Wedding Food Tasting
Chef Celeste Gordon completes the Assiette de Fromages dishes with toppings of mesclun salad. (Photo: Naphtali Junior)

You’ve asked and we’ve answered! Welcome to your weekly column ‘Planning Your Happily Ever After’ with wedding consultant Shikima Hinds.

It’s foodie season and the Jamaica Observer Table Talk Food Awards went off in spectacular style last Thursday. Looking around the venue, watching the artisans at work, got me thinking about catering a wedding and the importance of choosing a good menu and caterer.

Whether you opt for plated service or stations, there are plenty of reasons to carve out some time in your wedding planning process to attend a food tasting. One of the most important details, when it comes to a wedding, is the food. Even if your menu is curated by your dream caterer, attending a food tasting is a decision you won’t regret.

What is a wedding tasting?

A wedding tasting is when you taste the menu items, or proposed menu items, from your potential caterer for your wedding reception. When you attend a food tasting, you can sample the dishes — from the hors d’oeuvres, soups, salads, entrees, to the desserts — which will be served for your event.

The tasting typically takes place weeks or, more often, months before your big day to allow sufficient time for any adjustments or changes to the final menu.

Participating in a wedding tasting session will also allow you to actually see and experience the food that will be served on your wedding day. All caterers cook food differently, so you might want to ensure everything tastes the way you expect and the food tasting will ensure everything is just right, so there are no regrets later.

Who should attend a wedding tasting?

It’s best if the tasters are just the bride and the groom, with maybe one or two trustworthy critics. I usually suggest including the person bearing the cost, in full or in part, especially if it’s a parent. If you plan to bring friends or family, don’t forget to ask the caterer if you can invite them, and how many would be allowed.

Ashebre Modern Caribbean Cuisine executive culinary Artist Oji Jaja adds micro basil to his smoked marlin salad. (Photo: Garfield Robinson)

Benefits of doing a wedding food tasting

1. This is a great chance to make personal connections with the catering vendor.

2. It helps you to narrow down choices and priorities.

3. You’ll get a chance to discuss the presentation of the food, especially if you have been inspired by the latest trends. This will allow you to learn more about how to incorporate some of them into your wedding food presentation.

4. It’s an interactive experience — you can see, feel, touch, and taste.

5. This is a great way to get the groom involved in some of the decisions related to the wedding, and it’s something he will likely enjoy.

Things to know

• While some caterers offer complimentary tastings, most charge you for it. Some caterers offer complimentary tasting if you sign the contract and make a deposit first. The charge is generally because it can end up being very expensive for the vendor. After all, they are purchasing food items and need to recover the costs associated with this.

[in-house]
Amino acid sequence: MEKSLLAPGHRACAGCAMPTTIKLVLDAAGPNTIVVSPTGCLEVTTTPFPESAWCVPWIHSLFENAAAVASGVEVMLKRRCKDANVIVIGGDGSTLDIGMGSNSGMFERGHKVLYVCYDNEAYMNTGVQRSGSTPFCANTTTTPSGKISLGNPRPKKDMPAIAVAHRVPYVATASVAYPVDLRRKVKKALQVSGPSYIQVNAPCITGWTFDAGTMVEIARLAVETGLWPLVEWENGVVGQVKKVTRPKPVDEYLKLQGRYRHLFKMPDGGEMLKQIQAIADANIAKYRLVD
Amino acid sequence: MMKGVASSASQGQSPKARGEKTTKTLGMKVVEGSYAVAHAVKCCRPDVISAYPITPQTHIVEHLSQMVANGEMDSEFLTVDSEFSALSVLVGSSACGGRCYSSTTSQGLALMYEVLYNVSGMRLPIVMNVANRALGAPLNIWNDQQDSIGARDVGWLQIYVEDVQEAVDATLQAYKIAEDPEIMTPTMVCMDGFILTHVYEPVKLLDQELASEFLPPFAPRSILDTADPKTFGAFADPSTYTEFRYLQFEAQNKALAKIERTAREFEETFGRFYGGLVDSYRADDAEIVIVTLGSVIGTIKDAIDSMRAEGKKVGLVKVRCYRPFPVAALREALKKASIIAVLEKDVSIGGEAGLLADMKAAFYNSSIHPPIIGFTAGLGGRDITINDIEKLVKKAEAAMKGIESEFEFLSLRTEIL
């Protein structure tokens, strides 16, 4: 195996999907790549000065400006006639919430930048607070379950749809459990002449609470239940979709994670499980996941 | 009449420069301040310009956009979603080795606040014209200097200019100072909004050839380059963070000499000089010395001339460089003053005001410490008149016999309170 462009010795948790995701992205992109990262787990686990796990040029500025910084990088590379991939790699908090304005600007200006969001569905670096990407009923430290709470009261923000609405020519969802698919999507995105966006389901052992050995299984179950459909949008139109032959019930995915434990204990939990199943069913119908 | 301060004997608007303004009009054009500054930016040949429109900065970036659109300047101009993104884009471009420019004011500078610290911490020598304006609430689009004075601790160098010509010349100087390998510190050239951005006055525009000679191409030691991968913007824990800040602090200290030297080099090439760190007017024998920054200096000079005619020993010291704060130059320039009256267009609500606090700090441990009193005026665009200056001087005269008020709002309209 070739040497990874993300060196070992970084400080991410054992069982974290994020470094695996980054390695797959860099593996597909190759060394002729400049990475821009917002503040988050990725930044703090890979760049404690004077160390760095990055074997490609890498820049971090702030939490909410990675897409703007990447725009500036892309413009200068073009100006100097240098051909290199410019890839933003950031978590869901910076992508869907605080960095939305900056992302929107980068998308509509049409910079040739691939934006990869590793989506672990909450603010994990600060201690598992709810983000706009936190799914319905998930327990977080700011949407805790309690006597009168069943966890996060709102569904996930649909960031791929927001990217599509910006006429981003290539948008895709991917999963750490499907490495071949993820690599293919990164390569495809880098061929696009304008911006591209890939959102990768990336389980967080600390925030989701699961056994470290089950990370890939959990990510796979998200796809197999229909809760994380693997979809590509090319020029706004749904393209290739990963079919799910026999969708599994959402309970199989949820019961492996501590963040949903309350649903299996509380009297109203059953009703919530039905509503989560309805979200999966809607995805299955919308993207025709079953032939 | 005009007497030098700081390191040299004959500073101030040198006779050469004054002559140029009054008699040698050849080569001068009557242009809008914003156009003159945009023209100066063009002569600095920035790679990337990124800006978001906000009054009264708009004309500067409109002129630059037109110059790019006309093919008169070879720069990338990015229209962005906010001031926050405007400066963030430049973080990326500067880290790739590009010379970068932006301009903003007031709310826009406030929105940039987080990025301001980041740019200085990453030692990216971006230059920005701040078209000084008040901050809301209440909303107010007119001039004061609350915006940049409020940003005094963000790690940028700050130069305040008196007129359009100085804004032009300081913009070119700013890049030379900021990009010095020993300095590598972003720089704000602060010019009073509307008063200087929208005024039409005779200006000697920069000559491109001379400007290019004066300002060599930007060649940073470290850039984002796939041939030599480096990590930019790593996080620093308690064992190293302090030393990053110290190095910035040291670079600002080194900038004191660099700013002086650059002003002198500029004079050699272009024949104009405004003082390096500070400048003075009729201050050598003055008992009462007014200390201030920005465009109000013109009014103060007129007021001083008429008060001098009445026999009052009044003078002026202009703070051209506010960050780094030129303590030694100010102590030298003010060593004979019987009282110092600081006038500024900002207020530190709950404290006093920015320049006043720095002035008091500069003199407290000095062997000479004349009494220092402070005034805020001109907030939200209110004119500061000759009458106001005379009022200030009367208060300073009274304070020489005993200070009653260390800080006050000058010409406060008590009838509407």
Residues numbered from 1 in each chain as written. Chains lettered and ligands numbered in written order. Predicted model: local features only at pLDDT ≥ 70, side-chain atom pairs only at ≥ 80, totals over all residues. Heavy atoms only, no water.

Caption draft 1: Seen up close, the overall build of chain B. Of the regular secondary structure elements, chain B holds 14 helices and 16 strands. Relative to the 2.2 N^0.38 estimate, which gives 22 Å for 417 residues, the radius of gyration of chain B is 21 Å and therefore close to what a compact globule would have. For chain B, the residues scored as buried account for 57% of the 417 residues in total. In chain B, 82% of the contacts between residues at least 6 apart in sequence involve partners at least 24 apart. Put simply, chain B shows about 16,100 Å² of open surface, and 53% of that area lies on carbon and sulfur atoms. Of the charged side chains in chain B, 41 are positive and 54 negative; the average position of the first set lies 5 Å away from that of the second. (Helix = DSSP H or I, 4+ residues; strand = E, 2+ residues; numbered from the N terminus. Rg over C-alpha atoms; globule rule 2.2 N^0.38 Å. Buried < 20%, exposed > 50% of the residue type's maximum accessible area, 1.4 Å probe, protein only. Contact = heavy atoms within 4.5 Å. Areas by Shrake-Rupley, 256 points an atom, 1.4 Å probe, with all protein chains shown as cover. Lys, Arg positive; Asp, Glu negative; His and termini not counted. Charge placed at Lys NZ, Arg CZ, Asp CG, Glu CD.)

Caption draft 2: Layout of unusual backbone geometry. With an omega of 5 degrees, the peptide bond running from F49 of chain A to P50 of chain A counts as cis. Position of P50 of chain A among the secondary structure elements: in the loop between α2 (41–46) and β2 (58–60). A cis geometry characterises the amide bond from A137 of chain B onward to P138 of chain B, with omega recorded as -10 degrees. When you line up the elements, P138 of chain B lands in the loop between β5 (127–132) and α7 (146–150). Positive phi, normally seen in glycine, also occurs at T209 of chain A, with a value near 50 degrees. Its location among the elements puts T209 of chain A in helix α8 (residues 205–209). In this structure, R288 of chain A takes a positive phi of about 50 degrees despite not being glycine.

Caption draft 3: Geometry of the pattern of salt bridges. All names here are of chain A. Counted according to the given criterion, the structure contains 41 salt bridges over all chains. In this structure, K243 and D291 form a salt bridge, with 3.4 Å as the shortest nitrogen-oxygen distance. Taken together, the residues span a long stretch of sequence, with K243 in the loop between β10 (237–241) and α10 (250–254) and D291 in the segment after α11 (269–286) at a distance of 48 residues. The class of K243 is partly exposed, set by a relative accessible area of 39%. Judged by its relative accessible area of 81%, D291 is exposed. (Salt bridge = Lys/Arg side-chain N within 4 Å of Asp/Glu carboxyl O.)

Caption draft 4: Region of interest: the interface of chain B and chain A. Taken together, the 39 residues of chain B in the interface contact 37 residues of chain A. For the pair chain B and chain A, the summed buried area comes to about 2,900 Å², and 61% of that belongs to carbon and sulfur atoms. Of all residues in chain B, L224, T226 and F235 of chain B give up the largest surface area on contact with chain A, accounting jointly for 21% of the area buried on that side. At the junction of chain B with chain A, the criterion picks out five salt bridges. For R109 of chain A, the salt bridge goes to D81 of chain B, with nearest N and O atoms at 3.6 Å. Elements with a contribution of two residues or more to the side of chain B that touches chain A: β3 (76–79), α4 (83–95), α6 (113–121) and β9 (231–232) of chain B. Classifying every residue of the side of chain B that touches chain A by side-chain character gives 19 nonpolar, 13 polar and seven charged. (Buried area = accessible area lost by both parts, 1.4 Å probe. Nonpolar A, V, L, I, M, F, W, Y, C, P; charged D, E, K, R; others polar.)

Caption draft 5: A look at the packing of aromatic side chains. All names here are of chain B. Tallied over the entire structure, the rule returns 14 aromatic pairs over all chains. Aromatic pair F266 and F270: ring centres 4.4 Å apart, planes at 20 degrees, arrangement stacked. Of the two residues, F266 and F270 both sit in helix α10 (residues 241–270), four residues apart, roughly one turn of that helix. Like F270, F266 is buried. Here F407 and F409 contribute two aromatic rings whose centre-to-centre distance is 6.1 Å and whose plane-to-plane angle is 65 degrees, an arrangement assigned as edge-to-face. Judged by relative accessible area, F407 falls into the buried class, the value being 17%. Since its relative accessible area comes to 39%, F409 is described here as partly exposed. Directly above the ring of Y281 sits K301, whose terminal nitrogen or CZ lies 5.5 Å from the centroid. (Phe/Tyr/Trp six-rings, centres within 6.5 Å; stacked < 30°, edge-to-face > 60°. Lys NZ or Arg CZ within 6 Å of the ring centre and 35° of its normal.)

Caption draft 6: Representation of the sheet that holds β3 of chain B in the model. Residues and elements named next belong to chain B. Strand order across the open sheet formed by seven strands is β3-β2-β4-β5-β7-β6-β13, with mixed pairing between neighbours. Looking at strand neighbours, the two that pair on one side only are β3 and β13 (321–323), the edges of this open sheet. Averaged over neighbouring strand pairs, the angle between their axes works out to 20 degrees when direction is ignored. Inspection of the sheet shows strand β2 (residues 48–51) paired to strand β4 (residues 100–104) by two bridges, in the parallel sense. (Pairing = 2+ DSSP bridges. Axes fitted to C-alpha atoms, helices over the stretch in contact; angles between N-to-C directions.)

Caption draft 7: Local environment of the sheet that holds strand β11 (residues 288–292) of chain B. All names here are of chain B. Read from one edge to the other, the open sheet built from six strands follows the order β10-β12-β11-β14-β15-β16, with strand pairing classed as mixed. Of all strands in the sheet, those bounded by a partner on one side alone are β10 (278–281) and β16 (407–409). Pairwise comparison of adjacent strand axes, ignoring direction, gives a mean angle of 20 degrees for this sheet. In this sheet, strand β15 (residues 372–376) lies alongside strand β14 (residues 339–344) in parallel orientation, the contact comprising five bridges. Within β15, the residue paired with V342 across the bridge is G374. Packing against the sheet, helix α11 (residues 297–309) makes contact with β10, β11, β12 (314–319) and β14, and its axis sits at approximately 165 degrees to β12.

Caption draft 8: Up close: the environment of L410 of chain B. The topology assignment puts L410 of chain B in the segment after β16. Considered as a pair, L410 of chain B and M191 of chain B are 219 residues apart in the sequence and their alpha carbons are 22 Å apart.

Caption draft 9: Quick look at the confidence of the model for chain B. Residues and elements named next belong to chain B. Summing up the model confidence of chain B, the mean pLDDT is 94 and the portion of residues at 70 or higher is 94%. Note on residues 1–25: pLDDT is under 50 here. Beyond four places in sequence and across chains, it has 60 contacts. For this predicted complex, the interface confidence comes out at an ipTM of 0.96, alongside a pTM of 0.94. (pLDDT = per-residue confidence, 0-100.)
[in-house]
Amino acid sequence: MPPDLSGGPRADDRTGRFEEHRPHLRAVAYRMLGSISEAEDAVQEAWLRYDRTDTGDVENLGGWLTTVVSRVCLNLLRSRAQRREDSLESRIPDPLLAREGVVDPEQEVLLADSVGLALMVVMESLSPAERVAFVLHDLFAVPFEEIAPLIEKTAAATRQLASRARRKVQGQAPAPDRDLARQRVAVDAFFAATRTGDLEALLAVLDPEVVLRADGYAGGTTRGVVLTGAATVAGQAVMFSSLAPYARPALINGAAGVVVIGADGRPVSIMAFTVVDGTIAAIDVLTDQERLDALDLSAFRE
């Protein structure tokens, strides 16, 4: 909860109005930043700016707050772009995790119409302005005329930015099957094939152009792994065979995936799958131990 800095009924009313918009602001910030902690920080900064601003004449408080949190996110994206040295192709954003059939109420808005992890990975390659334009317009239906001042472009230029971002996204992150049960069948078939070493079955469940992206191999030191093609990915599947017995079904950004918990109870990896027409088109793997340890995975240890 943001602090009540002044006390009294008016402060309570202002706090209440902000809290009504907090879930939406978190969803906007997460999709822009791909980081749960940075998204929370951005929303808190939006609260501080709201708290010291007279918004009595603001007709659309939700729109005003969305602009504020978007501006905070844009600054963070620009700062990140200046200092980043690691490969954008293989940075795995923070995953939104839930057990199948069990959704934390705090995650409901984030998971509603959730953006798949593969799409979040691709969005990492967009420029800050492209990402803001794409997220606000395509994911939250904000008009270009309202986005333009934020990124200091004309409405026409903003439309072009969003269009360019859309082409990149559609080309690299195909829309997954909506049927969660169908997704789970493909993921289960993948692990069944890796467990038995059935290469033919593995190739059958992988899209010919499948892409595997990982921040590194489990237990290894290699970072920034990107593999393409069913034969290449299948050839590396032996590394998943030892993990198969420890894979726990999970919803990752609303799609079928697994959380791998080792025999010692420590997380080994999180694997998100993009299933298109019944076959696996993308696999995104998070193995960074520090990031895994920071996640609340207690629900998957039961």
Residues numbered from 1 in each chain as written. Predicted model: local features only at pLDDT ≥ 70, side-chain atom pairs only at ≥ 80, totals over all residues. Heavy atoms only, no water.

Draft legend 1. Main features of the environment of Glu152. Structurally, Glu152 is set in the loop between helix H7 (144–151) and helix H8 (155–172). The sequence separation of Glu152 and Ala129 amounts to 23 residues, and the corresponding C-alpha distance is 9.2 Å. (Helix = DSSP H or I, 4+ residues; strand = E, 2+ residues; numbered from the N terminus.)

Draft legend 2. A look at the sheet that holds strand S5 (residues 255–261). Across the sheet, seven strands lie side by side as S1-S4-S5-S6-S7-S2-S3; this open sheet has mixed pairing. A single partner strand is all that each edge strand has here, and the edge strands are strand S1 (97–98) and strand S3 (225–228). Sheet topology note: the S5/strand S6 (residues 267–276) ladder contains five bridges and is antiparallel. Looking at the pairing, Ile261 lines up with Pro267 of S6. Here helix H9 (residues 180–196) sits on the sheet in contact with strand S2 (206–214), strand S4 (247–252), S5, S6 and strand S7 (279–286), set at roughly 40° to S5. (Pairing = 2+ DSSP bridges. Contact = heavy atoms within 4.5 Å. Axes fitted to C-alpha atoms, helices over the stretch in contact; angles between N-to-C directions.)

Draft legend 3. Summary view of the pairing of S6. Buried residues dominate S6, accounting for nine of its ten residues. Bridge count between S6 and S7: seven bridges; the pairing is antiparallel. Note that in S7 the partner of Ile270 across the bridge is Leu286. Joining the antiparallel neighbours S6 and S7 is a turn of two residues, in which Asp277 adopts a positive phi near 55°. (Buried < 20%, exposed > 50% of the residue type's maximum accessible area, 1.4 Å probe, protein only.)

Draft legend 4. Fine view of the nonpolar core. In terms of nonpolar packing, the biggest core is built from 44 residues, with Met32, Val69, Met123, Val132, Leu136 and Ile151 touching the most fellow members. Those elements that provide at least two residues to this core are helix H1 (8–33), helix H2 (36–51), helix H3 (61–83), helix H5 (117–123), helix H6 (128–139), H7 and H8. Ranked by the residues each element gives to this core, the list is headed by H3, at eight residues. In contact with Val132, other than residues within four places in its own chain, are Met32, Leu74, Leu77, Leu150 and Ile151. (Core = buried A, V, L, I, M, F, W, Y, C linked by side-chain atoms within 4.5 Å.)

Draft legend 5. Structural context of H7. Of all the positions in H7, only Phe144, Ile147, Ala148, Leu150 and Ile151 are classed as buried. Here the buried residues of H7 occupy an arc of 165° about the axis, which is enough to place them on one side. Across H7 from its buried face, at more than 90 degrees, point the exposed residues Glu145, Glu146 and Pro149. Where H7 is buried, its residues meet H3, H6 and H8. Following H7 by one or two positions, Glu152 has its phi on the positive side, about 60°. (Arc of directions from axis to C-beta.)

• Full-size portions are usually served, so you can see and experience the serving size of how the wedding meal will be if you are going with a plated style service.

• Limit your entourage. Many caterers offer tasting sessions for a maximum of four guests. As I’ve previously mentioned with bridal dress shopping, it is not only good food tasting etiquette but it’s also ideal to achieve the best results if you keep the entourage to a minimum. You can easily lose focus with too many people, and this isn’t favourable for either you or your caterer.

• Do not eat a heavy meal prior to your food tasting session, but neither should you starve yourself. You should be hungry enough to enjoy the session, but not too hungry to gobble it down without realising if it is actually as tasty as you’d like.

• Be discrete when you discuss things. There may be things that you want to draw the attention of the other individuals accompanying you at the tasting session. If these are negative things, don’t be loud or overly critical when discussing them. If it’s something that bothers you, discuss it with the caterer, and keep it brief.

• Naturally, most of your questions will be related to the food, and the caterer should be more than willing to answer all the questions you may have about the menu, as well as give recommendations for substitutions if necessary. Your caterer will be happy to discuss the menu and what you are being served; however, it may open discussion for other wedding-related topics. You will also know about how the tables, flatware, glassware, and dinnerware will be set up, and perhaps how the centrepieces may affect service.

• Feel free to let the caterer know if you’d like to make any changes to the dishes; however, as a note, you should be aware that any changes to the menu could increase the pricing. Make sure you double-check with the caterer.

The purpose of the tasting is to make sure you are happy with the food and get even more excited about your wedding!

Shikima Hinds

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